If that sounds appealing, you need to pick the correct type of account. Some options, like a high yield bank account, promise higher interest rates than your standard version. However, your choice will depend on your timeline. For example, someone taking a trip in a year or two has more time to build interest than someone taking a trip within a few months.
Let’s say you don’t have much time, though. Even if you can’t build much in the way of interest, you can still find extra cash in your life. You might need to budget a bit differently. For example, if you have a streaming service membership, you can cancel that for a while. Or perhaps you can pick up a side hustle on the weekends, whether that means driving for a rideshare service or walking dogs.
Vacations are a time to relax, enjoy yourself, and make memories with your loved ones. The last thing you need is for that time away to leave you deeply in debt and saddled with stress. That’s why a trip to a national park can be such a terrific destination: You’ll explore the great outdoors but can do so without breaking the bank, thanks to low fees, free activities, and the smart saving advice you learned here.
Save Smarter With SoFi
Are you considering a week wandering around Yellowstone? Or maybe a weekend at a nearby park? Or just looking to stash some cash while you figure things out? We’re here for you! SoFi Checking and Savings offers eligible accounts a competitive APY. That means your money grows faster. And we are devoted to being fee-free, with no monthly or minimum-balance charges.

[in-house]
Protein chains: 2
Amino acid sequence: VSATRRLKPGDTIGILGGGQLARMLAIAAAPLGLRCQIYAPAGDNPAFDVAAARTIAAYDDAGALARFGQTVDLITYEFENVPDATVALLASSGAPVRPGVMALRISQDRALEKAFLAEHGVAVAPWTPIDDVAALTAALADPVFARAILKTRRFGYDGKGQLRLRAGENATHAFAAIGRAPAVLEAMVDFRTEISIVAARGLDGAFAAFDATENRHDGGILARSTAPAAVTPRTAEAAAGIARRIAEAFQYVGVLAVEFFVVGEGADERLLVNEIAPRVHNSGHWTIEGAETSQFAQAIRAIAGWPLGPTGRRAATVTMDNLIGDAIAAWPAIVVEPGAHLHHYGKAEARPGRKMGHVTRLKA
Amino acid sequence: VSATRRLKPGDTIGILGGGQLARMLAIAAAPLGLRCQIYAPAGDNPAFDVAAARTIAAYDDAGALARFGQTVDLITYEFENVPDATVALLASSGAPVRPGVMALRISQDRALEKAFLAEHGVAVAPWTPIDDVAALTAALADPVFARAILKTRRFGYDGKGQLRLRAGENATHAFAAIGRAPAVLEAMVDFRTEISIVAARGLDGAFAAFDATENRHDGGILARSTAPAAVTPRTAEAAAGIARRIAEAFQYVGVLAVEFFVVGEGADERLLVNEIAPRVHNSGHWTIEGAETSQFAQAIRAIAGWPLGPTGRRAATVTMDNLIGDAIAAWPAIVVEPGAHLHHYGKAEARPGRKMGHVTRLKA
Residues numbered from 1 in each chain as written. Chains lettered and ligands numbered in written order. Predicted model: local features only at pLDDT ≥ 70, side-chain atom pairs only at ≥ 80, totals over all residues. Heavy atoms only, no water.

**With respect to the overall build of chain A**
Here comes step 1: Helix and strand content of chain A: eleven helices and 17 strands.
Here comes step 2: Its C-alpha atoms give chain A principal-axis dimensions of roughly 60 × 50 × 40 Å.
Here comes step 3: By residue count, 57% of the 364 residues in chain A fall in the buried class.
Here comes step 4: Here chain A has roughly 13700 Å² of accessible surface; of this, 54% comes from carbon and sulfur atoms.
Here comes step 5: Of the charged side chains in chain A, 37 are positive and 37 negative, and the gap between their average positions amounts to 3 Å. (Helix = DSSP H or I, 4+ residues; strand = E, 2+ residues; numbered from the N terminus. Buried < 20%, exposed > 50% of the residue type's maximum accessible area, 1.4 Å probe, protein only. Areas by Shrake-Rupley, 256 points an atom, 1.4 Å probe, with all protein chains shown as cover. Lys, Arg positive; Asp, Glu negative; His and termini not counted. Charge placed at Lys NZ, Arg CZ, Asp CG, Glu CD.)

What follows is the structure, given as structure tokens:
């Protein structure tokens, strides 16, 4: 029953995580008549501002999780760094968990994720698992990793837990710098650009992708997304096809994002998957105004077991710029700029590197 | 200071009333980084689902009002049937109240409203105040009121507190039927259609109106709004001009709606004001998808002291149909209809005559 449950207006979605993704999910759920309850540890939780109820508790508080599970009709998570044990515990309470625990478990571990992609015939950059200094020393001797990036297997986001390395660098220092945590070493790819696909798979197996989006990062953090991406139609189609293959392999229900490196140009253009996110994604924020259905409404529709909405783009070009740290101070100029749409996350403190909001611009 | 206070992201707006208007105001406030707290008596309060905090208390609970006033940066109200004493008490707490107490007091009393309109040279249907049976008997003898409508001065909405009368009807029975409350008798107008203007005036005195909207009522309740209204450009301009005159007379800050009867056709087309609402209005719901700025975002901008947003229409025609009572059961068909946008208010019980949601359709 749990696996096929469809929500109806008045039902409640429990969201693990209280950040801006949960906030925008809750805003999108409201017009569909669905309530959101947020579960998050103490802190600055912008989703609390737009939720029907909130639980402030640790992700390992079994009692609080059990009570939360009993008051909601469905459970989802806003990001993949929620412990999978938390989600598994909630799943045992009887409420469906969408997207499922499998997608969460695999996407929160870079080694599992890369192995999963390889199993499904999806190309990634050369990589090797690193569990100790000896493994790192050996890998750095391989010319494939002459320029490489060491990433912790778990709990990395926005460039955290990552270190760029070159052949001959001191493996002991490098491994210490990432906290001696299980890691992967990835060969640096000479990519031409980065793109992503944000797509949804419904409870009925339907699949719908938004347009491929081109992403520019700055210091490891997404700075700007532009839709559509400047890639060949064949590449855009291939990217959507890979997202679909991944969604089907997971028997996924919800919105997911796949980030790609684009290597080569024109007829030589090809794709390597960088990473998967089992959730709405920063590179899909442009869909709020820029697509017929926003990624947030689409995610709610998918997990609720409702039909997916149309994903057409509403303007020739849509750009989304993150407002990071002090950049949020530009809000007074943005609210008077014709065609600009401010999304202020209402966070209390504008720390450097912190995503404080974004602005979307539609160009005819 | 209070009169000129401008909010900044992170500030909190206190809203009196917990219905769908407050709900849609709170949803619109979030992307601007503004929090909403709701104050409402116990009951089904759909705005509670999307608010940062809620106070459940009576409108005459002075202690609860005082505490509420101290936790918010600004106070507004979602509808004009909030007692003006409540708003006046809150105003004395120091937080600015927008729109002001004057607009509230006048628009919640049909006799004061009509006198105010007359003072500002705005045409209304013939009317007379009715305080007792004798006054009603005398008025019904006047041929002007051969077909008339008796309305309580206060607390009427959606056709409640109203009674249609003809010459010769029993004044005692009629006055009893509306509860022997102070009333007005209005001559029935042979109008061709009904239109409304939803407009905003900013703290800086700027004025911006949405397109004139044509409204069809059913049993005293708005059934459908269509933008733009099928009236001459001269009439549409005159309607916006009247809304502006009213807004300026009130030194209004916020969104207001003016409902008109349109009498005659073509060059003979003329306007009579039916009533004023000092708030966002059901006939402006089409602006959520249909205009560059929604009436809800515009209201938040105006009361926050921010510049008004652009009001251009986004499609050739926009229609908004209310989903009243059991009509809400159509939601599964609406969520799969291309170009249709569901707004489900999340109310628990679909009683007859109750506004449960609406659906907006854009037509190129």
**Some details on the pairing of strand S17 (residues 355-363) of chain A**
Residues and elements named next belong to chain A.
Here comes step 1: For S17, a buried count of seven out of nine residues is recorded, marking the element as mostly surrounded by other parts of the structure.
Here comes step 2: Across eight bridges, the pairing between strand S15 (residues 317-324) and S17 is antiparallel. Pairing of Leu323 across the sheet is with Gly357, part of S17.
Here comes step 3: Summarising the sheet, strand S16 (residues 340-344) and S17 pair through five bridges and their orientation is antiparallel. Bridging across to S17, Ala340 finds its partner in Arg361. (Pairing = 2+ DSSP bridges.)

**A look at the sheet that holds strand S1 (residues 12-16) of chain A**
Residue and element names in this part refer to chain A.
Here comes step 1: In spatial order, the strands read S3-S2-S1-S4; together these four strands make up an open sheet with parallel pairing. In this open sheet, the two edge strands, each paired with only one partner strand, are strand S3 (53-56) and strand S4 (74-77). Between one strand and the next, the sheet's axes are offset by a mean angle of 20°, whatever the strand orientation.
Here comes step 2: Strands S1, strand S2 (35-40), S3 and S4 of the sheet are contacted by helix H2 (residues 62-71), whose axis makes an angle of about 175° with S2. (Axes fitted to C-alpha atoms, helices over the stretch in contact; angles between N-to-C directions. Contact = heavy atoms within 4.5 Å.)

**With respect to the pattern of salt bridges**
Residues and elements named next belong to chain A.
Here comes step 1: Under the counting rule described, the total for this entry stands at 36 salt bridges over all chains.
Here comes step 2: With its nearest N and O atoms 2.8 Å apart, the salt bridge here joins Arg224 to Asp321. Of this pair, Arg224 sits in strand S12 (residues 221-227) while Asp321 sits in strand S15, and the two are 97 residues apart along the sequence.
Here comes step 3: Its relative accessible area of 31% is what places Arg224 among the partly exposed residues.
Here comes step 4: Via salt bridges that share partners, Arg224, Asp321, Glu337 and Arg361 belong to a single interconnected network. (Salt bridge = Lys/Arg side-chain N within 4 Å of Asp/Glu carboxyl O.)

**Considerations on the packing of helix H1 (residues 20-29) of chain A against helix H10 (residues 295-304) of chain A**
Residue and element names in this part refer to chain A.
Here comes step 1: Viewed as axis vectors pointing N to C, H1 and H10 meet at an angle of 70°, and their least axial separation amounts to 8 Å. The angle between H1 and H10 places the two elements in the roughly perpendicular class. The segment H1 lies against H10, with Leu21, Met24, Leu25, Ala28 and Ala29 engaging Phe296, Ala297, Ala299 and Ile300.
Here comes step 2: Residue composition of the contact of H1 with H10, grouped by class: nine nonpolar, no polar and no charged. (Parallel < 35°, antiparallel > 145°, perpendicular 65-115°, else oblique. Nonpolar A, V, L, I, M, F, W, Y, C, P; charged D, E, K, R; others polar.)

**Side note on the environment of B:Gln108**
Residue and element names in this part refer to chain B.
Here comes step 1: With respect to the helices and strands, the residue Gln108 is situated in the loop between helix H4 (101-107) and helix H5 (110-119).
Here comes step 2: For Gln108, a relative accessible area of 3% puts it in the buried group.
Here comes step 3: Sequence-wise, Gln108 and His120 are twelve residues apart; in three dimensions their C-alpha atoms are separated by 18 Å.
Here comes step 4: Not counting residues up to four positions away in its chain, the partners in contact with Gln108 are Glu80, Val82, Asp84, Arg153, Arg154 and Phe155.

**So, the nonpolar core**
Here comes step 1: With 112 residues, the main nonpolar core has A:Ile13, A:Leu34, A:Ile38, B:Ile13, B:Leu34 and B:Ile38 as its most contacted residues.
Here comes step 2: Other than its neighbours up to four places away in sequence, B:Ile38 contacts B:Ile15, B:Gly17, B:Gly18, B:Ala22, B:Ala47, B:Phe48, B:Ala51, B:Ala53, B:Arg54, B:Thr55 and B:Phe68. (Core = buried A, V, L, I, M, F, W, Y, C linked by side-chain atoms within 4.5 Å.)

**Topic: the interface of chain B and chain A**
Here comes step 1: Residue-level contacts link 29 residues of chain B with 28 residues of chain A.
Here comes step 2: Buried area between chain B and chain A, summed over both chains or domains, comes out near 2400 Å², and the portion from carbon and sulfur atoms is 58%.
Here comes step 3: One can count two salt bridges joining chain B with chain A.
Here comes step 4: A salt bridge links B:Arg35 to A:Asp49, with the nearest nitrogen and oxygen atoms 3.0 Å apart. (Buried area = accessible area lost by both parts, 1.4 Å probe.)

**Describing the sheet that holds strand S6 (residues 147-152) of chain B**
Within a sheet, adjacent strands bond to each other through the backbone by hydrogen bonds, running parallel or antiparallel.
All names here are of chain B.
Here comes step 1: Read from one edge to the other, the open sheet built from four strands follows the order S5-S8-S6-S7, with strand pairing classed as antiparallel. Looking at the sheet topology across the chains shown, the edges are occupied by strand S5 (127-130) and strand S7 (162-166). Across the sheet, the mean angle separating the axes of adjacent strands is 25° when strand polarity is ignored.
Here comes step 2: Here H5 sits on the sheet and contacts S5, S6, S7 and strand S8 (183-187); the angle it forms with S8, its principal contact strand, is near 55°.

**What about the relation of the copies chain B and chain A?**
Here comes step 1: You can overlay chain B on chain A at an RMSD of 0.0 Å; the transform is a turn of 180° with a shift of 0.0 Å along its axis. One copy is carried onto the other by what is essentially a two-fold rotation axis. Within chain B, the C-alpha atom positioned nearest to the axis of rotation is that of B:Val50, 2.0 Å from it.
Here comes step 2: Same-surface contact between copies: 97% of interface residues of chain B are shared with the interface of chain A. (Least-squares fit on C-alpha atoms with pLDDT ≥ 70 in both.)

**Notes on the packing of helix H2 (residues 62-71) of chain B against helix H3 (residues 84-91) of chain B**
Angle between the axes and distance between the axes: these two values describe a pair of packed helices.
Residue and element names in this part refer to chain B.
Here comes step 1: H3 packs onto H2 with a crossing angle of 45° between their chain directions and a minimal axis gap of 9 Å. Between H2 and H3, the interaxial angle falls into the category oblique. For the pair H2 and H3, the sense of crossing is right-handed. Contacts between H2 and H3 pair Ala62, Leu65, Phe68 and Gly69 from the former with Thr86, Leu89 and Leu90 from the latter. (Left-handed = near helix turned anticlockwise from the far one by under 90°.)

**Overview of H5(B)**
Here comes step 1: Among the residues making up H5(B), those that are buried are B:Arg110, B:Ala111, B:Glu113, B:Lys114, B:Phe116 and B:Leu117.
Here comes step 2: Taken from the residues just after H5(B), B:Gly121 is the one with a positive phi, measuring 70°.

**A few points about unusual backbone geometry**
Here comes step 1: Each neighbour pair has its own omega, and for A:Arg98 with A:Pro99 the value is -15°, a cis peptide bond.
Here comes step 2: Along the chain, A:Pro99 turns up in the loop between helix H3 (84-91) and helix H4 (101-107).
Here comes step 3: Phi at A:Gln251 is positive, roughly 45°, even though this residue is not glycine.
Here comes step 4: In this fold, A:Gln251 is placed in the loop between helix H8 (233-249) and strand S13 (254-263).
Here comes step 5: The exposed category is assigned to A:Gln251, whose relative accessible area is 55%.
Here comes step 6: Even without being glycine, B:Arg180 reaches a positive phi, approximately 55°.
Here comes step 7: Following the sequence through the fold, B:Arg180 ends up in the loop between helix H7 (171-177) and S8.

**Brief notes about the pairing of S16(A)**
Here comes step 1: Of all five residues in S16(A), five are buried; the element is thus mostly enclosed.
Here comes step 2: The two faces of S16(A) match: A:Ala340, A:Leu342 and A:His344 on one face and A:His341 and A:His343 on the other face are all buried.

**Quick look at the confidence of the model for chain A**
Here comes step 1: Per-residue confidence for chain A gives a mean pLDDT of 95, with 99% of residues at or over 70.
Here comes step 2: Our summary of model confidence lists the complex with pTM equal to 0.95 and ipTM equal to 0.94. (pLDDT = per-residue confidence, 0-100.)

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Is it expensive to visit national parks?
In many cases, it’s a more affordable vacation than other options. Over two-thirds of national parks offer free admission year-round. Plus, there are many throughout the country, meaning you can pick one that’s close and may not have to spend much on travel costs.
The main expenses will come from your lodging, food, and additional activities. But there are ways to strategize so you don’t spend excessively, such as packing your own food while exploring the parks.
How many days should you spend at a national park?
The length of your stay should depend on the type of itinerary you want to build and the size of the park you are visiting. There are many itineraries for Yosemite online that involve staying three to five days, but you could certainly spend much longer or shorter periods of time. Worth noting: Some smaller parks may be closed during certain parts of the year. And, if you want to visit a historic site or structure, it may not be open every day of the week. Always check in with a park (either online or by calling) to research beforehand.
How much does it cost on average to visit a national park?
Most national parks are free. The National Park Service allows you to see the entrance rates for each fee-charging national park. Use their listings to see if the park you want to visit charges an entrance fee. The per-vehicle prices are often in the range of $20 to $35 for seven days.